US Stamps

U.S. stamps with several colors but only one plate number

Mar 18, 2024, 10 AM

U.S. Stamp Notes by John M. Hotchner

A recent question from a reader has likely occurred to others. He sent the plate block of the 1983 U.S.-Sweden 20¢ commemorative (Scott 2036) shown in Figure 1. The stamp is printed in three colors — blue, black and red brown — but has only one black plate number.

Had this been 30 years earlier, multicolor printing would have required a different plate for each color. But in the mid-1950s, new technology was installed at the Bureau of Engraving and Printing (BEP). Called the Giori press, it used three inking-in rollers to ink up to three distinct areas on the plate. This allowed three colors to be printed from the same plate.

For examples of early Giori products, see the 4¢ American Flag and 8¢ Statue of Liberty stamps in Figure 2. They were issued in 1957 and 1958, respectively.

That same technology was used to print the U.S.-Sweden 20¢ stamp. An early problem was that different color inks might bleed into adjoining inks, usually in a minor way.

You can see that problem on the 20¢ plate block of four in Figure 1. Look at the intersections of color, such as the point between Benjamin Franklin’s jacket and the medal. You will see some degree of ink contamination as the blue has bled into the red brown just a bit.

There is another situation in which we see a single plate number on U.S. stamps printed in multiple colors. In the 1960s and 1970s, some U.S. stamps were produced on what was called a combination press. It allowed for distinct colors to be applied at multiple stations on a single press.

Typically, these presses would produce a stamp such as the 8¢ Stamp Collecting issue (Scott 1474) of 1972, shown in Figure 3.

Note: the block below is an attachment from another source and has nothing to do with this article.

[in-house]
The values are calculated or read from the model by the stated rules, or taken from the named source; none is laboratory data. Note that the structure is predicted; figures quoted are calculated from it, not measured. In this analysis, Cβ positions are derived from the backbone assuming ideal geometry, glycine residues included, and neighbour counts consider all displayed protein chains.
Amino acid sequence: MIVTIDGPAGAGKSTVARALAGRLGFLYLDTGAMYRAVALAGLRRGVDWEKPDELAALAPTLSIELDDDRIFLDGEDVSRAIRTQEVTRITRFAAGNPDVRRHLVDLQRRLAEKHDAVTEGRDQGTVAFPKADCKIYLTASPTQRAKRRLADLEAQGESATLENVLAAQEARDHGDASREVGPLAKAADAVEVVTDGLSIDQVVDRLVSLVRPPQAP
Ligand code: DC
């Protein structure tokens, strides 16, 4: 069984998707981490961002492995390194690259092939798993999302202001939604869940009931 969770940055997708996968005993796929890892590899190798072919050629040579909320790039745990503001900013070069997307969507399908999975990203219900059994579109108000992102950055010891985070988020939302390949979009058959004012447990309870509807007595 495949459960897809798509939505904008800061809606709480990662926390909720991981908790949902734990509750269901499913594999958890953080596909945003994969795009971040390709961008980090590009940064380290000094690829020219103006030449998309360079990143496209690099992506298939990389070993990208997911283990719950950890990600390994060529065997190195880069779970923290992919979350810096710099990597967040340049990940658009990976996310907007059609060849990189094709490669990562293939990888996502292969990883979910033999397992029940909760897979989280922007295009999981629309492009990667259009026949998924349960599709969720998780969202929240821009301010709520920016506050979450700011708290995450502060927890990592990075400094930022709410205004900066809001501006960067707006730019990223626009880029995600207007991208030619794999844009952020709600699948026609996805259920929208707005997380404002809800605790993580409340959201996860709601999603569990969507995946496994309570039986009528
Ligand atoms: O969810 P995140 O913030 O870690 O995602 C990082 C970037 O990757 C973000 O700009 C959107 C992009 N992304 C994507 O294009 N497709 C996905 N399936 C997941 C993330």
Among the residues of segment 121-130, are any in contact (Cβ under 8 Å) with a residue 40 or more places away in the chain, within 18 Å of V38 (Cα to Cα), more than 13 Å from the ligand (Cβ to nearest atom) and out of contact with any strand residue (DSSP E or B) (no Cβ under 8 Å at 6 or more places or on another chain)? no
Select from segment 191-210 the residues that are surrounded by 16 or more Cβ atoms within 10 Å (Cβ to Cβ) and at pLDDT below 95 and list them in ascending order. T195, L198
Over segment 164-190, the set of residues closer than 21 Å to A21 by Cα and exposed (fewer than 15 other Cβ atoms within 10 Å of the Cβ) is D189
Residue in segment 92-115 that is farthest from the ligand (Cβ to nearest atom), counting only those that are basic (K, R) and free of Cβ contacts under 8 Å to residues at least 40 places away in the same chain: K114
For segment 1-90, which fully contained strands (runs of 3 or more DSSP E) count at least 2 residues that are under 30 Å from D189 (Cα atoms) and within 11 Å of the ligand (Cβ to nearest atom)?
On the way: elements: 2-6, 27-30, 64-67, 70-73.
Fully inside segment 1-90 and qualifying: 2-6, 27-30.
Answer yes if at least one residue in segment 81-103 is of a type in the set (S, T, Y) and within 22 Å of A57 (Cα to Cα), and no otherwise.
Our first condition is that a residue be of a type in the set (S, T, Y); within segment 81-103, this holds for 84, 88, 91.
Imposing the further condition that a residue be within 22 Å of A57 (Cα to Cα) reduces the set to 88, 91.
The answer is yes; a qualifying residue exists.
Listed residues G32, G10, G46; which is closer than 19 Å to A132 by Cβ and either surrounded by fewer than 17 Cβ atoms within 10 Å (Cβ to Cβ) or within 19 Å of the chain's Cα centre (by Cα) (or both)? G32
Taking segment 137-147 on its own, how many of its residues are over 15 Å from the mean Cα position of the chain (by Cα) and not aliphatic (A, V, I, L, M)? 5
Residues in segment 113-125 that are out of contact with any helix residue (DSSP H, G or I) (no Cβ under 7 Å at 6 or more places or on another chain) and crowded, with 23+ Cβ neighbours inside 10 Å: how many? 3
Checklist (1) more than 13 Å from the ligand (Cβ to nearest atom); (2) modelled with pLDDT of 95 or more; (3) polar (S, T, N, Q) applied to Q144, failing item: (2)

On this stamp, the images of the 1847 5¢ Franklin stamp (Scott 1) in brown and the black magnifier were produced by an engraved (Giori process) plate, while the green and the black shading that darkened the design were produced by lithography.

All plates used were assigned plate numbers, but only the engraved black plate number (33850) made it onto the issued panes. Any other numbers were placed further away from the stamp design and were sliced off when the selvage was trimmed.

This was not a solution that made collectors happy. The United States Postal Service tried to overcome the problem by putting all the plate numbers in the margin, resulting in large plate blocks of six to 12 stamps with multiple full plate numbers.

See Figure 4 for an example, a block of 12 of the 1971 8¢ U.S. Postal Service Emblem stamp (Scott 1396).

Showing all the plate numbers was appreciated by collectors, until they noticed the additional cost and album space needed to collect these large blocks.

Eventually, the Postal Service and the BEP came up with the idea of using a code: a single number standing for a full five-digit plate number when printing multicolor, multiprocess stamps.

See the 20¢ International Peace Garden stamp (Scott 2014) of 1982 in Figure 5, on which “3” is the number for the plate that printed the engraved portion, and “2422” represents the four litho colors (yellow, red, green and gray) used to produce this stamp. The yellow “2” that precedes “422” is so light that it may not be visible in the picture.

This system of single-digit numbers representing longer plate numbers is still in use, with some modifications, today.

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